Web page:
Premier King has promised to govern differently. And in many ways, most notably tone, he has. But in many ways this PC government acts just as Liberal and PC governments before it. Spin is a priority; action too often delayed to appease political or bureaucratic considerations.

He promised bold. We have yet to see it. And as the days grow farther from the last provincial election and closer to the next, it becomes less likely PC actions will match their political rhetoric.

Islanders are ready for bold and decisive leadership, but government often runs far behind public sentiment. And if it happens with the King government it will be a squandered opportunity.

Paul MacNeill is Publisher of Island Press Limited. He can be contacted at
paul@peicanada.com
-------------------------------------

"The only true wisdom is knowing you know nothing."
--- Socrates (470-399 B.C.E.), philosopher

September 14, 2019

Chris Ortenburger's CANews

LOTS of Events and Notices:
Farmers' Markets:
Charlottetown -- 9AM-2PM
Summerside -- 9AM-1PM
Murray Harbour Farmers Market, 9AM-noon
George's in Bedeque -- 10AM-2PM
Cardigan Farmers' Market, 10AM-2PM

-----------------
Climate Emergency signs for sale:

Printed lawn and window signs in bright yellow and red that read:
CLIMATE EMERGENCY
ACT NOW!

They are 9''x12''.
The lawn signs are weather-proof and sell for $8 with metal stand,
and the window signs are $2

They are available at:
Fridays for the Future,
Cenotaph, Province House, Charlottetown
*Farmers' Markets in Cardigan and Charlottetown Saturday mornings*
Or call Mike at (902) 569-8688.

Their effectiveness will be determined by the number of them that appear before, during and after the election. We urge people to pass on the word to anyone who might be interested in buying a sign.


-------------------------------------------
Last day to see the fabric arts show "Stories in Stitches IV"
Until 5PM, St. Paul's Church and Hall
Facebook event link
---------------------------------------------
Joe Byrne has been acclaimed the NDP candidate in the Charlottetown Riding for the October Federal election.
The NDP Nomination meeting scheduled for tonight has been postponed and the Campaign Launch date will be announced soon.
-----------------------------------
Keep in mind for tomorrow:
Sunday, September 15th:

Festival of Forests
Facebook event link

Open Farm Day
website

PUSH -- movie on the fight for affordable housing, Facebook event link
----------------------------------------
Tuesday, September 17th:
Coffee House and Film Night: Building a Just and Sustainable Future, 7-10PM
, The Learning Centre in the CASS Science Hall @ UPEI

A coffee house, featuring The Urban Island, presented by BLACT Media, will take place on Tuesday, September 17th at UPEI, between 7 and 10 pm. The event is open to the public, and admission is free (although donations are always welcome).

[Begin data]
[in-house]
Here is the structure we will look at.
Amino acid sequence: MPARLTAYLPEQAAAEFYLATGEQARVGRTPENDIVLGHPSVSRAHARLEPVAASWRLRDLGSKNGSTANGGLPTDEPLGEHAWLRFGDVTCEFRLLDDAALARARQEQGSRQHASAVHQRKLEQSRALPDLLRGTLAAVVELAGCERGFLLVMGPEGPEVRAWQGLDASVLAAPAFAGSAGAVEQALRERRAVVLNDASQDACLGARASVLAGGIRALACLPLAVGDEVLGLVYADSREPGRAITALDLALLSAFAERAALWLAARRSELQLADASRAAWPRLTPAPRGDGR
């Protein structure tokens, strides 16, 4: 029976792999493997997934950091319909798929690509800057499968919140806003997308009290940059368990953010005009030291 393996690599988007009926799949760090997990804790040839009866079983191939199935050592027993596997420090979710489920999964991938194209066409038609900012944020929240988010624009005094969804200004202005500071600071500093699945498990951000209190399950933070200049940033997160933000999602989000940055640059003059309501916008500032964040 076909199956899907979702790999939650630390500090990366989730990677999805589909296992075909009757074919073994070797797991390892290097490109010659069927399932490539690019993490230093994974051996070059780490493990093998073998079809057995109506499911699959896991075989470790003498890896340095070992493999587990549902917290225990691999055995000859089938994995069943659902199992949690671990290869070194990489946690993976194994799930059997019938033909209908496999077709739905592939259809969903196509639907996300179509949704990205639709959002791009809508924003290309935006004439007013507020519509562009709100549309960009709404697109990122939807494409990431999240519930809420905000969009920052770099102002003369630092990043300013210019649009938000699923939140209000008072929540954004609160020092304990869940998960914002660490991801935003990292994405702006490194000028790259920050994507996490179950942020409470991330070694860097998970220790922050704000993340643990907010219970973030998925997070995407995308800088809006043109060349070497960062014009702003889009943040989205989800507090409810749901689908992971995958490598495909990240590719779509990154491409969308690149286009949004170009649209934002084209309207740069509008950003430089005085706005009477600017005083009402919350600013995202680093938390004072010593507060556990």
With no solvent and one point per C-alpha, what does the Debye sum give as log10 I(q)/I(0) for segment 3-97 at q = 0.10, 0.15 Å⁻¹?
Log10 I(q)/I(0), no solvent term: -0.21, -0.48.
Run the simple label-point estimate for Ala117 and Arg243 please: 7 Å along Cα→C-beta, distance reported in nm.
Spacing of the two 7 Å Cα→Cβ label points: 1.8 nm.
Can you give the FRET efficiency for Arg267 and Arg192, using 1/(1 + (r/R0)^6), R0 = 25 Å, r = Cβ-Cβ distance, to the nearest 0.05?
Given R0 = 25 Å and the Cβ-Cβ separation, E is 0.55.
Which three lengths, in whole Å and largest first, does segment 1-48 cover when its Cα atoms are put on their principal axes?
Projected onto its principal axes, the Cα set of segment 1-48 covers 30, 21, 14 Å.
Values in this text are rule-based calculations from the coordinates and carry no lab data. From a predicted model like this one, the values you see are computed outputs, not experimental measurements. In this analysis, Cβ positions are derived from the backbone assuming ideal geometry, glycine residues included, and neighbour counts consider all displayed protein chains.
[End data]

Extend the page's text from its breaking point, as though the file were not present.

The event is one of a series of events taking place on the UPEI campus and at the PEI Farm Centre on September 17 and 18. Building a Just and Sustainable Future has been organized by Trade Justice PEI, a coalition of 20 groups and individuals who are concerned about Canada’s current international trade agenda and who believe that it’s time for trade that is more democratic and environmentally sustainable, more supportive of a transition to a carbon neutral economy in which workers receive their fair share of the benefits, and is more respectful of the rights of Indigenous Peoples.

Also in the line-up for the evening are three short films about resistance and the struggle for a just and sustainable future (The Pipe Dreams Project, Frontera Invisible and Saving Rosia Montana) that tell the stories of young activists opposing pipelines in Canada, a Romanian community opposing a mining project that threatens their homes and the environment, and peasant farmers and Indigenous people resisting corporations intent on displacing them to produce palm oil for green fuel.

About the performers: @TheUrbanIsland is a community group of artists, educators, and media creators, whose goal is to showcase all that is going on within PEI’s Urban Community. Urban Islanders are artists who have received professional training who collaborate with and support one another to act with confidence as independent creators when opportunities arise. Find out more on Instagram @blactmedia and @theurbanisland.

For more information, find Trade Justice PEI on facebook and Instagram @tradejusticepei, or email tradejusticepei@gmail.com.

Wednesday, September 18th:
Public talk by Clayton Thomas-Müller, 7PM,
PEI Farm Centre

Trade Justice PEI is pleased to announce that Clayton Thomas-Müller will be in Charlottetown on Wednesday, September 18 for a public speaking event, starting at 7 pm at the PEI Farm Centre. His talk, "Climate Change, Indigenous Rights and Trade Justice" is open to the public and there is no charge for admission. This is part of “Building a Just a Sustainable Future”, a series of events taking place on September 17th and 18th at UPEI and at the Farm Centre.